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Anthrax is an acute infectious disease caused by the gram-positive, encapsulated, nonmotile, spore-forming rod Bacillus anthracis.1,2 The incubation period is 1 to 7 days after exposure, and no person-to-person transmission is documented. Its potential as an agent of bioterrorism should prompt immediate notification of the local or state health department upon first suspicion of an anthrax-like illness. Human anthrax cases arise after exposure to infected animals or their products and rarely occur in the United States. In 2001, B anthracis spores intentionally delivered through the US Postal Serviceresulted in 22 cases of bioterrorism-related anthrax.3

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Clinical Manifestations

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Anthrax infections occur as cutaneous, inhaled, and gastrointestinal. All forms can progress to sepsis and meningitis. Cutaneous anthrax appears when B anthracis spores enter through a cutaneous abrasion.4 A small erythematous papule vesiculates to form a painless eschar with marked edema. Lymphadenopathy or lymphangitis may occur. Untreated, mortality is as high as 20%.

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Inhalation anthrax occurs after respiratory exposure to B anthracis spores.5 Initial symptoms are nonspecific, mimicking influenza. Symptoms become fulminant over a few days, often leading to death. Mediastinal widening on chest radiograph is pathognomonic. Hemorrhagic meningitis and bacteremia are common.

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Gastrointestinal anthrax follows ingestion of contaminated, undercooked meat,6 presenting with nausea, vomiting, and malaise, progressing to bloody diarrhea, gross ascites, hemorrhagic lymphadenitis, and sepsis. A pharyngeal form of anthrax occurs with profound submental swelling, adenopathy, and systemic symptoms.7 Multiple forms of anthrax have been described in children.8-15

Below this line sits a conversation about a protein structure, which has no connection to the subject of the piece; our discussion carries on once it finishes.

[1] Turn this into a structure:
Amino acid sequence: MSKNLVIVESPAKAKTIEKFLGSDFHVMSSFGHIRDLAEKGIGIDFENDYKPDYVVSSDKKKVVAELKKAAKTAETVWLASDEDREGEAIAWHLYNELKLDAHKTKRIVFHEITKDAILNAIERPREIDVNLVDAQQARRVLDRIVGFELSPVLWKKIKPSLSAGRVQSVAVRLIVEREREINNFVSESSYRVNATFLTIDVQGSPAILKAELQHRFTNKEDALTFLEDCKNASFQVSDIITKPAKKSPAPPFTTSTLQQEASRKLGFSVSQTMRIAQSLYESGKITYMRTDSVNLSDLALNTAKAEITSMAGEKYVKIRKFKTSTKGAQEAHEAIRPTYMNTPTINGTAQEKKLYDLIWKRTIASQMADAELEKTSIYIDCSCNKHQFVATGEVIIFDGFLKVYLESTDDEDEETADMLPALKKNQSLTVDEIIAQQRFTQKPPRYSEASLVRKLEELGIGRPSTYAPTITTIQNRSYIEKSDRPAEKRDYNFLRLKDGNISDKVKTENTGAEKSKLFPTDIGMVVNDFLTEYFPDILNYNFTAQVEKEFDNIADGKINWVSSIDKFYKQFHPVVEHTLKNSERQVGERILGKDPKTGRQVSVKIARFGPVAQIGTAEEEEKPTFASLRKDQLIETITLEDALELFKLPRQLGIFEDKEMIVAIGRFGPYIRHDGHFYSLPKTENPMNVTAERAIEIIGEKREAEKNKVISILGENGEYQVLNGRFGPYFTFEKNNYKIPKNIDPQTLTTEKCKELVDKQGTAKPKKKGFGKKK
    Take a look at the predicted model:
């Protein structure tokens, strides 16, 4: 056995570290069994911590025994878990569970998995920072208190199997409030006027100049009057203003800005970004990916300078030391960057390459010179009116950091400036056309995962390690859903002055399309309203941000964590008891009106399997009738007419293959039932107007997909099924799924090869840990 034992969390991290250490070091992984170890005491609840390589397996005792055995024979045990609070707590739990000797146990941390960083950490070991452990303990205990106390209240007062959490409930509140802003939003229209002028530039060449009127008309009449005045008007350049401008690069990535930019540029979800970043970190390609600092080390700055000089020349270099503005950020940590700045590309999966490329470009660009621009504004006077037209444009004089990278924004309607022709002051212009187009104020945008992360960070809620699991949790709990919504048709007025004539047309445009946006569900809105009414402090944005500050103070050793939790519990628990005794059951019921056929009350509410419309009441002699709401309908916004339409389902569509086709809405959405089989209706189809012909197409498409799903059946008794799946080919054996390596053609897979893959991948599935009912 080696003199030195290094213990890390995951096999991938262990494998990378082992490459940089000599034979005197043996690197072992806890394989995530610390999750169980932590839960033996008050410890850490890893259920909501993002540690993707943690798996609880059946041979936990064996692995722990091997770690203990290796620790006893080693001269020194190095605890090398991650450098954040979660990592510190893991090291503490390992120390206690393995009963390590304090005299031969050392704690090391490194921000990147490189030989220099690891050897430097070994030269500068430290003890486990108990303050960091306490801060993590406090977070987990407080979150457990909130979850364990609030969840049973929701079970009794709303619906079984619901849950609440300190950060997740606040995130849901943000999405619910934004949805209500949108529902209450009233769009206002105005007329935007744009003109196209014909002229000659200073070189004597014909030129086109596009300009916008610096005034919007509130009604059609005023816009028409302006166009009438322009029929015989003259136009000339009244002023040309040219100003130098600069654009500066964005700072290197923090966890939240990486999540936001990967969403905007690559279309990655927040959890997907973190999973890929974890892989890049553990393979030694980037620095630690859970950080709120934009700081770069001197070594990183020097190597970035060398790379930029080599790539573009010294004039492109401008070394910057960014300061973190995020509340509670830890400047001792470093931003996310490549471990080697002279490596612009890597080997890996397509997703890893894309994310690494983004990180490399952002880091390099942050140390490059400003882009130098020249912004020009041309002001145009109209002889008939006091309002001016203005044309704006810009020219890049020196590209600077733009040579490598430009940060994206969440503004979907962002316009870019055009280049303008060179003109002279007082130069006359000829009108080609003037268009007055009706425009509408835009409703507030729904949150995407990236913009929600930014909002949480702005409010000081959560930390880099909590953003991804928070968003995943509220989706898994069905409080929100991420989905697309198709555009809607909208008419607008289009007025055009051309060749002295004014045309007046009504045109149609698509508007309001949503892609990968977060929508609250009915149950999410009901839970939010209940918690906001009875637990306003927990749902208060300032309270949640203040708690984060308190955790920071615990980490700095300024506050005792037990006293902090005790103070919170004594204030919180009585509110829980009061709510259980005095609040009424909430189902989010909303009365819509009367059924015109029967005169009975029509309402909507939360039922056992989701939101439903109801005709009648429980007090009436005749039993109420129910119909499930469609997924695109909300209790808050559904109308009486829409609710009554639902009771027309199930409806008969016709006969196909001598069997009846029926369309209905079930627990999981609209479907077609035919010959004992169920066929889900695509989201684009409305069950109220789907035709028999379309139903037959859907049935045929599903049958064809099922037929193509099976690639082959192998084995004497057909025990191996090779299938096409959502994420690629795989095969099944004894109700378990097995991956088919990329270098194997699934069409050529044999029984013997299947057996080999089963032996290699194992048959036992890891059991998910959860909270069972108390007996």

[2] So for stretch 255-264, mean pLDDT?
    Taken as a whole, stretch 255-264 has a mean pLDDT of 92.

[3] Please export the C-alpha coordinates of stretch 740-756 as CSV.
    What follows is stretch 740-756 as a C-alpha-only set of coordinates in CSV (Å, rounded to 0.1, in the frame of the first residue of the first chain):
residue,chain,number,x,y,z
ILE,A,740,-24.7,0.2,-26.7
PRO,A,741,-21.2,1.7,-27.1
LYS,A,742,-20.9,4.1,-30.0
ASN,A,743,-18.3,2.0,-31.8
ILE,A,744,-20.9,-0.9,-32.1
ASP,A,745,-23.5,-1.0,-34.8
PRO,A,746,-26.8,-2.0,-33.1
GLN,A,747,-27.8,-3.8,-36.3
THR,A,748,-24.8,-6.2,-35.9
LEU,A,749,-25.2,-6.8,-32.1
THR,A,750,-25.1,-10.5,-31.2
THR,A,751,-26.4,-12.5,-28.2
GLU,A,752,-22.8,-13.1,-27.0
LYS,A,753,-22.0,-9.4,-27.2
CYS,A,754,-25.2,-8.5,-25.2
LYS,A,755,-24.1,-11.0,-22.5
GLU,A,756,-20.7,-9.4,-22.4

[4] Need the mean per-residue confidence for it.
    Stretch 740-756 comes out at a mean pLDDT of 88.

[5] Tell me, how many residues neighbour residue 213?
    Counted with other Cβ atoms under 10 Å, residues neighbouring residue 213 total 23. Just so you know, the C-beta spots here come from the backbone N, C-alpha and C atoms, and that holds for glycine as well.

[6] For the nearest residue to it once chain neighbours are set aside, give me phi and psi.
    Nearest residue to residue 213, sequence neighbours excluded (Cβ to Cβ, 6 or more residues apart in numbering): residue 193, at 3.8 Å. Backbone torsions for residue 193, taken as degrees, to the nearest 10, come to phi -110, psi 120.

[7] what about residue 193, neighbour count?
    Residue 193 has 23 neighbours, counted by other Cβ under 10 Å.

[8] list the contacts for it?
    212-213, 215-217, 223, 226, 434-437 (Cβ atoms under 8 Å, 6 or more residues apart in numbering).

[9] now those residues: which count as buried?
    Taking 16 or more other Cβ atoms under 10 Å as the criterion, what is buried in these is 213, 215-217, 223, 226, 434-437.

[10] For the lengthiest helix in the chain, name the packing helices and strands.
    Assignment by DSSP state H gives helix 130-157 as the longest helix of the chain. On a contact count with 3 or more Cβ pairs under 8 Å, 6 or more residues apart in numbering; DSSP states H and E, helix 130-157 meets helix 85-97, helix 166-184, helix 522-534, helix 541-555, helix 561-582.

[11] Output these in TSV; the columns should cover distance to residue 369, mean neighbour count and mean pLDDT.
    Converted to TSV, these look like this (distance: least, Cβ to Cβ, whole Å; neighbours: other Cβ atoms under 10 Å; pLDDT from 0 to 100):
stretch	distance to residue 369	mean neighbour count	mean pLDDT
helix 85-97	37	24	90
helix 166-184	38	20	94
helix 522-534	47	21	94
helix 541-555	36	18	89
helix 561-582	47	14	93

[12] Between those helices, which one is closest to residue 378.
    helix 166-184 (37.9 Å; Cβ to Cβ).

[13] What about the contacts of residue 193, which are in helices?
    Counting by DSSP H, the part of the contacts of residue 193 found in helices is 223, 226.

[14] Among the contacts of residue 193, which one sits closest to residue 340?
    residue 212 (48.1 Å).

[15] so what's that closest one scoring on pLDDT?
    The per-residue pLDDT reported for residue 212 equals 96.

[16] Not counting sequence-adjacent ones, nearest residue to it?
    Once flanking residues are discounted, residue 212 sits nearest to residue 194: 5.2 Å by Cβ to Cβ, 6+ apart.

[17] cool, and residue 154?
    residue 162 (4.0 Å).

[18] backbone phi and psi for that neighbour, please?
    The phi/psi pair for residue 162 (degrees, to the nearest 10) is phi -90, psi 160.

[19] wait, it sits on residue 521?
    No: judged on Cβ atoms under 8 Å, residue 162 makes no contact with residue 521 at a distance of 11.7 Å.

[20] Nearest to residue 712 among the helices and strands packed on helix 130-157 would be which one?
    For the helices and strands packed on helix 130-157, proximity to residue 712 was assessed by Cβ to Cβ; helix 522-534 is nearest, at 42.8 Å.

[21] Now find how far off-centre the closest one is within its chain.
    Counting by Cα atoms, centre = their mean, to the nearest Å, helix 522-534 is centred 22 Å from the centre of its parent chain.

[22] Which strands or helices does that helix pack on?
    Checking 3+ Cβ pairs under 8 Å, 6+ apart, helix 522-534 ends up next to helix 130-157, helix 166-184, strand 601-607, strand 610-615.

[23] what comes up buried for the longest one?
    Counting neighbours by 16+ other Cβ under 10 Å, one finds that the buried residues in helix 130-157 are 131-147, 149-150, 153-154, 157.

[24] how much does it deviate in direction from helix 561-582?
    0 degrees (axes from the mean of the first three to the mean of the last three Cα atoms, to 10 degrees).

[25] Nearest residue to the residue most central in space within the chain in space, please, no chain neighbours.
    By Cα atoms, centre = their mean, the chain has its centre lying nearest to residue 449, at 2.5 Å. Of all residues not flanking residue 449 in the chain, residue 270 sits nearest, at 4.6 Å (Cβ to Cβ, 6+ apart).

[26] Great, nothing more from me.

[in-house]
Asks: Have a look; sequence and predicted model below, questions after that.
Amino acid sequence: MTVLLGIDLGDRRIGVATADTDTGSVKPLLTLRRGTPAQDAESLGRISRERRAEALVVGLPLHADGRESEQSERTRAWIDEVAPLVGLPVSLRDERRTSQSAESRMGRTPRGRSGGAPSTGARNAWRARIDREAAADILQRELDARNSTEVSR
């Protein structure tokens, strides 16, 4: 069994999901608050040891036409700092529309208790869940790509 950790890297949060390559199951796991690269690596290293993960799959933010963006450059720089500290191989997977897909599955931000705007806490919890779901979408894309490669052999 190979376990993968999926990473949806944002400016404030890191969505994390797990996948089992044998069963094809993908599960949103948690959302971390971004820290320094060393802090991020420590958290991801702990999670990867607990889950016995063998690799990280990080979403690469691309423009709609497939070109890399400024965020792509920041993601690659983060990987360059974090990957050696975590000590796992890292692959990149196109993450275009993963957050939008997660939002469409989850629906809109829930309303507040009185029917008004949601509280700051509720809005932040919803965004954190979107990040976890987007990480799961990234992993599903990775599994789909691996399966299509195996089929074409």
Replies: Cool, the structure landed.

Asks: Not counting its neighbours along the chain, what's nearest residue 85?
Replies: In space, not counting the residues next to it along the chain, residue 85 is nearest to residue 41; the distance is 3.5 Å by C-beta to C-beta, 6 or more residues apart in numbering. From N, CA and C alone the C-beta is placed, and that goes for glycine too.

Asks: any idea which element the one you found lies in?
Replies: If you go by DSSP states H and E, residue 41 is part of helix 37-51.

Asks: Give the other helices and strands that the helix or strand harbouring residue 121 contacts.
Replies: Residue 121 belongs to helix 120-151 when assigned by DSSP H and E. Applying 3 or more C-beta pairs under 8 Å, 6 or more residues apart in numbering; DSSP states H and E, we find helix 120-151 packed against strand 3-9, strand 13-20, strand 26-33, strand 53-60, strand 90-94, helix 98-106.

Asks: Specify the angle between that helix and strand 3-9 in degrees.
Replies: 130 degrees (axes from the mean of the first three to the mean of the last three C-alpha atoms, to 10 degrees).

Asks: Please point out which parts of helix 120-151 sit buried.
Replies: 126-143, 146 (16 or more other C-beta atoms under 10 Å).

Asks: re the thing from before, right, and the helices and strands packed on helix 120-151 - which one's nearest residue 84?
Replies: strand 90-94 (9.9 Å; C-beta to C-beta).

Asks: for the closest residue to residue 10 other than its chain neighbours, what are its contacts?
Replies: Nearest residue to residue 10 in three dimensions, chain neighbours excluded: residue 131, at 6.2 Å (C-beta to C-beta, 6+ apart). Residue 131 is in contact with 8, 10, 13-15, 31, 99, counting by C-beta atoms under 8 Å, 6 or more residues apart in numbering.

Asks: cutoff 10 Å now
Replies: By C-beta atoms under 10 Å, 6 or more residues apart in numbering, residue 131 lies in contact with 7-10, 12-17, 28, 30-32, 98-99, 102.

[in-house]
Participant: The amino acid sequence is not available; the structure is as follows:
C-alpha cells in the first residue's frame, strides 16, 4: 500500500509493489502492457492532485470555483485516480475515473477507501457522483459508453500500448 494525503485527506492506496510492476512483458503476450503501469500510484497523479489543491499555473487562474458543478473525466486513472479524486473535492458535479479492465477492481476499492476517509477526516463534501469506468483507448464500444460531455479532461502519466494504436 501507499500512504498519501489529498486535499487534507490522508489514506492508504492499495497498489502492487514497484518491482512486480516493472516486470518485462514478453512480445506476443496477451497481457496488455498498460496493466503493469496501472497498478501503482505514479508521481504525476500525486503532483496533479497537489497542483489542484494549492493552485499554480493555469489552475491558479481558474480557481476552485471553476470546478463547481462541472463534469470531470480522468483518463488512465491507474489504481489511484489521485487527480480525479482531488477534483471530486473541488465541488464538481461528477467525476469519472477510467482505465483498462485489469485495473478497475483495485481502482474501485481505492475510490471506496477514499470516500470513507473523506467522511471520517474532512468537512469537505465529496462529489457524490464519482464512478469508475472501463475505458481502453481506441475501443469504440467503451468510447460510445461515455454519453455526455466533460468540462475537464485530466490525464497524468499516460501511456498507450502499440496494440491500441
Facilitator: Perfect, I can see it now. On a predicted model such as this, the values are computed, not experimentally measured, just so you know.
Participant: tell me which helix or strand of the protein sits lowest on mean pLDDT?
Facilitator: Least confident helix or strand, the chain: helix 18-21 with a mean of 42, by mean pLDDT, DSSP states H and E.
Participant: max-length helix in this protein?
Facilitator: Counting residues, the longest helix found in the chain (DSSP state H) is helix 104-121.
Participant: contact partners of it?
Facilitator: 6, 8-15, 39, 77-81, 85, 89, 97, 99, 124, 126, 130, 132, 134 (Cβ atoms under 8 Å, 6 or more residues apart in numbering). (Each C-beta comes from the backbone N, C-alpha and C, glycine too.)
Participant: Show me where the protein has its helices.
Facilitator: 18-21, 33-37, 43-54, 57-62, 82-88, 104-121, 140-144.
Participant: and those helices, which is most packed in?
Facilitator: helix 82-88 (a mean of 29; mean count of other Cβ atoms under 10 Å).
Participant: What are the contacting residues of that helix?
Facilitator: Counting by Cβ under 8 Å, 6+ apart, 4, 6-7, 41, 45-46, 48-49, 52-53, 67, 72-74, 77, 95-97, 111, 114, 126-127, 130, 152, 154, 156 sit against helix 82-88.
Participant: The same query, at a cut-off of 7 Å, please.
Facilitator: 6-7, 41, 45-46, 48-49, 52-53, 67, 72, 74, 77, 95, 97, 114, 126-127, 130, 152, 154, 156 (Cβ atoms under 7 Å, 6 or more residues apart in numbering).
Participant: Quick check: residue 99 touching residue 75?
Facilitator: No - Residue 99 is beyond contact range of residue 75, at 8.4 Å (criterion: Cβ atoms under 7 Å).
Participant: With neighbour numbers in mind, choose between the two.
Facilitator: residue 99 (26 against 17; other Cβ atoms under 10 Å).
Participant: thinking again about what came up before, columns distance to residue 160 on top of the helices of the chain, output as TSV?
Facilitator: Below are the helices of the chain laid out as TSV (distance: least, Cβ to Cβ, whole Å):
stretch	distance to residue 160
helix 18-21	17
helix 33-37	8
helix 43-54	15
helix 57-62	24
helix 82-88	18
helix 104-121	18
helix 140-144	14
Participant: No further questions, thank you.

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Diagnosis

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Gram stain and culture of vesicular fluid or blood confirm the diagnosis of anthrax. B anthracis grows in ordinary nutrient broth and on blood agar,2 appearing as large, gram-positive, sporulating bacilli on Gram stain. Rapid diagnostic tests are available through the Laboratory Response Network.16

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Treatment and Prevention

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Antibiotic resistance to penicillins and tetracyclines is assumed in bioterrorism cases until proven otherwise.1 Empiric therapy of inhalational or gastrointestinal bioterrorism-mediated anthrax includes intravenous ciprofloxacin or doxycycline plus 1 or 2 additional agents, including rifampin, vancomycin, penicillin, ampicillin, chloramphenicol, imipenem, clindamycin, and clarithromycin. Ciprofloxacin has better central nervous system penetration than doxycycline. First-line therapy for cutaneous anthrax includes either oral ciprofloxacin or doxycycline. If cutaneous lesions involve the head and neck or extensive edema is associated, combination intravenous regimens are recommended. Steroid therapy is considered for severe edema associated with cutaneous lesions and for meningitis. As spores may persist in the respiratory tract, all forms of anthrax are treated for 60 days, and therapy may be completed orally when clinically appropriate.17,18

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Treatment recommendations for children include ciprofloxacin (10 mg/kg/dose intravenously transitioning to 15 mg/kg/dose orally every 12 hours, maximum 500 mg per dose) or doxycycline (2.2 mg/kg/dose intravenously transitioning to same dose orally every 12 hours, maximum 100 mg per dose), plus 1 or 2 ...

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